As you can see in the image below, I’ve built the roofs of the normal viking houses as quite steep, pointed roofs. I used normal planks partially because minecraft doesn’t have dark wooden slabs and stairs yet, but mainly because these wooden plank roofs allow us to place snow on it (or let it fall on top), which makes it look a lot better.
The reason we need slabs and stairs is the decoration pieces on the roof itself. I mainly used stairs (and upside down stairs) to create them and they look great. The slabs are used to make the roof curve slightly inwards at the top, which doesn’t look very good if you use stairs or normal blocks.
The decoration piece is made with an upside down stairs at the edge of the roof, which has a slab on top of it and 2 upside down stairs on the sides of that slab. Slabs are also added at the back side (roof side) to make it flow gradually into the curved roof.
Unlike most of my other guides I’ve also decorated the inside of the houses, which turned out quite well. Instead of 2 separate floors, I’ve chosen for half an upper floor, which makes it part of the ground floor and the whole house. This also allowed me to add a fire with a cauldron as a center piece of the house, which is where the vikings will sit for warmth and food. Besides this fire I’ve also built a kitchen, which looks quite cozy under the top floor.
The top floor is used as a sleeping area, which is heated by the warmth of the fire (and kitchen) on the bottom floor. I found this works great, as it makes the house look very cozy and warm, which contrasts perfectly with the cold winter landscape outside.
The townhall is the biggest building in the village and built on the highest part of the island, which is also roughly the middle of the island. I’ve built the townhall is a place where all the vikings will meet, celebrate and enjoy some food and drinks.
The town hall has 2 large rows of tables, which is where the common viking will sit with their family and friends. The large table at the end of this row is used by the viking heroes, only (the best) warriors and fighters will sit here. The smaller table at the end is for the chief and his wife will sit, which is also why this part of the building is elevated to allow them to overlook the whole building.
At the entrance and in the 2 side sections of the building are some cauldrons on a fire, which is where all the food of for the vikings is cooked. I’ve played around with different blocks, as I wanted something different than just cauldrons on the fire, but the only block that came close to looking good was netherrack, which looks a little like meat, but not enough. Pumpkins and melons just looked weird.
I’ve only placed windows above the entrance and behind the viking chief’s table. This lets in just enough daylight, without making everything look to open and bright. I wanted to make everything look warm and cozy, just like the houses, which adds to the contrast between the warm fires inside and the cold, snowy landscapes outside. The fires from the cauldrons provide some decent lighting, but not enough to light the whole town hall, so I’ve added a few torches and a chandelier to light up the roof.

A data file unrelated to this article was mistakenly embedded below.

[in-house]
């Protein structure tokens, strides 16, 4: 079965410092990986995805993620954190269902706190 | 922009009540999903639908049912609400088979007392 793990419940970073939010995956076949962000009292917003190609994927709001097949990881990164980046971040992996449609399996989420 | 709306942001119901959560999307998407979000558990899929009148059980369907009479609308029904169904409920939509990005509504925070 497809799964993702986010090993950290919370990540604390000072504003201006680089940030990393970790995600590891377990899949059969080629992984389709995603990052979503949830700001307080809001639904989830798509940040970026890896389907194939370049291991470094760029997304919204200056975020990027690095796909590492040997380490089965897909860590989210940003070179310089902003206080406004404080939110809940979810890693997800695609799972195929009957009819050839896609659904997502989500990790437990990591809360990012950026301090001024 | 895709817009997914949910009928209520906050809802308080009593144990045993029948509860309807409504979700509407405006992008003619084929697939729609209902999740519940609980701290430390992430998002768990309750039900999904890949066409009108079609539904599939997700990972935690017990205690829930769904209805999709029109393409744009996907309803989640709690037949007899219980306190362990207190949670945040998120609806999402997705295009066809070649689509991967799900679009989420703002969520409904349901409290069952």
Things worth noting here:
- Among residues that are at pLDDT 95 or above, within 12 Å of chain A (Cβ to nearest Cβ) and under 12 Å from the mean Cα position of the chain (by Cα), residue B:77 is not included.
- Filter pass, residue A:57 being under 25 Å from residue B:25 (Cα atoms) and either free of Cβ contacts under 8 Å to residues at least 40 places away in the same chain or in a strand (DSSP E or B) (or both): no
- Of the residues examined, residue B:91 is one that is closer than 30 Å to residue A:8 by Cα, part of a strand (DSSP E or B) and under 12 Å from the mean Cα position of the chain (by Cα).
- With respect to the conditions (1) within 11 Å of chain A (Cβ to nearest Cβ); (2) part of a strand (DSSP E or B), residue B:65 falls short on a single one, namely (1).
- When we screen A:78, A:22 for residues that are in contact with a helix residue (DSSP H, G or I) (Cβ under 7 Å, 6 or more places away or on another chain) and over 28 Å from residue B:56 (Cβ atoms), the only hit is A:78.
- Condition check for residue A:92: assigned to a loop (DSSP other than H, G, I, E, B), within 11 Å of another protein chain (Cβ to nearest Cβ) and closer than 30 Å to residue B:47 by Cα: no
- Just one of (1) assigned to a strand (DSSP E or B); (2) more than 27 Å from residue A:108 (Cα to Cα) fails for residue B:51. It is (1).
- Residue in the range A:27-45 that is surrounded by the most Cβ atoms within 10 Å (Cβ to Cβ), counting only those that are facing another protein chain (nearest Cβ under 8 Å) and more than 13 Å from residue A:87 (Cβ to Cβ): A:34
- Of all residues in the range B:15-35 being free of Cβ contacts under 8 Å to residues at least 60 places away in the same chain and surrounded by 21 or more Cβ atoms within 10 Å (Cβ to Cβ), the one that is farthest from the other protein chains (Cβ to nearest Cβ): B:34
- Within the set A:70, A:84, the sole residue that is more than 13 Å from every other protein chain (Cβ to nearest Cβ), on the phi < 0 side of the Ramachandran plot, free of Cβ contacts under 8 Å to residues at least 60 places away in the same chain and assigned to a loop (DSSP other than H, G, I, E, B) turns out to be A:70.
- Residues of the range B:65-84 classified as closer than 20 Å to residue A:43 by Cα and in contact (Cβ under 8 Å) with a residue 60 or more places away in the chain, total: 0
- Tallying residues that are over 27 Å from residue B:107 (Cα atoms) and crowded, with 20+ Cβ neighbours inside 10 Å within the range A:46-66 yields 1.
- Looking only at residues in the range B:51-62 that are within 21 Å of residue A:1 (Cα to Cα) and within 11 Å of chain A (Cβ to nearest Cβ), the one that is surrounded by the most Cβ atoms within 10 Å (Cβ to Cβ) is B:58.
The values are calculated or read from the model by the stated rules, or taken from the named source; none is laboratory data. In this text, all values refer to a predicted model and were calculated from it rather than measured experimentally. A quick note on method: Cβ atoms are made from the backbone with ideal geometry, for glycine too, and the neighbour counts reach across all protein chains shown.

The roof of the town hall is a bit different from the houses, but shouldn’t be too difficult to build. The decoration piece will be the hardest, but it’s simply a slightly bigger version of the one who got on the houses. Like the house piece, this piece has 2 upside down stairs attached to the side of a slab, which is placed on top of another upside down stairs placed against the edge of the roof. A normal stairs block is placed under it, which makes it stand out more and that’s exactly what we want from out main building. The back of the declaration piece is made with a stairs block first and then a slab.
The roof is also curved more, as we have more space to work with. I go down half a block about every 2-3 blocks, whichever looks better. If you copy my roof, the exact measurements after the stairs and slab of the decoration piece are: 2 blocks, 2 slabs, 3 blocks, 4 slabs and then you build up towards the middle again in with 3 blocks, 2 slabs and then 2 blocks.
The roofs of the side parts are almost the same as the roofs of our normal houses, with the exception that they start with just a 1 block increase in height, instead of 2. This means the roofs will overlap where they meet each other, which looks a lot better.
Of course, a village isn’t very good if you only have a town hall and the same looking houses. A town needs farms, windmills, blacksmiths and many other job specific houses. Most of these buildings will look similar to the normal houses, but just bigger or with side sections, similar to our townhall. But blacksmiths, windmills, animal barns and other buildings will look a little different.
A blacksmith needs to have either a chimney or an outdoor furnace to make sure the heat can go out. I decided to use both, though the outdoor furnace looks best in my opinion. Like most buildings, the blacksmith has the signature roof, but the windows are a little different and the bottom half of the building is made out of stone. You can read how to build the complete blacksmith in our blacksmith building guide.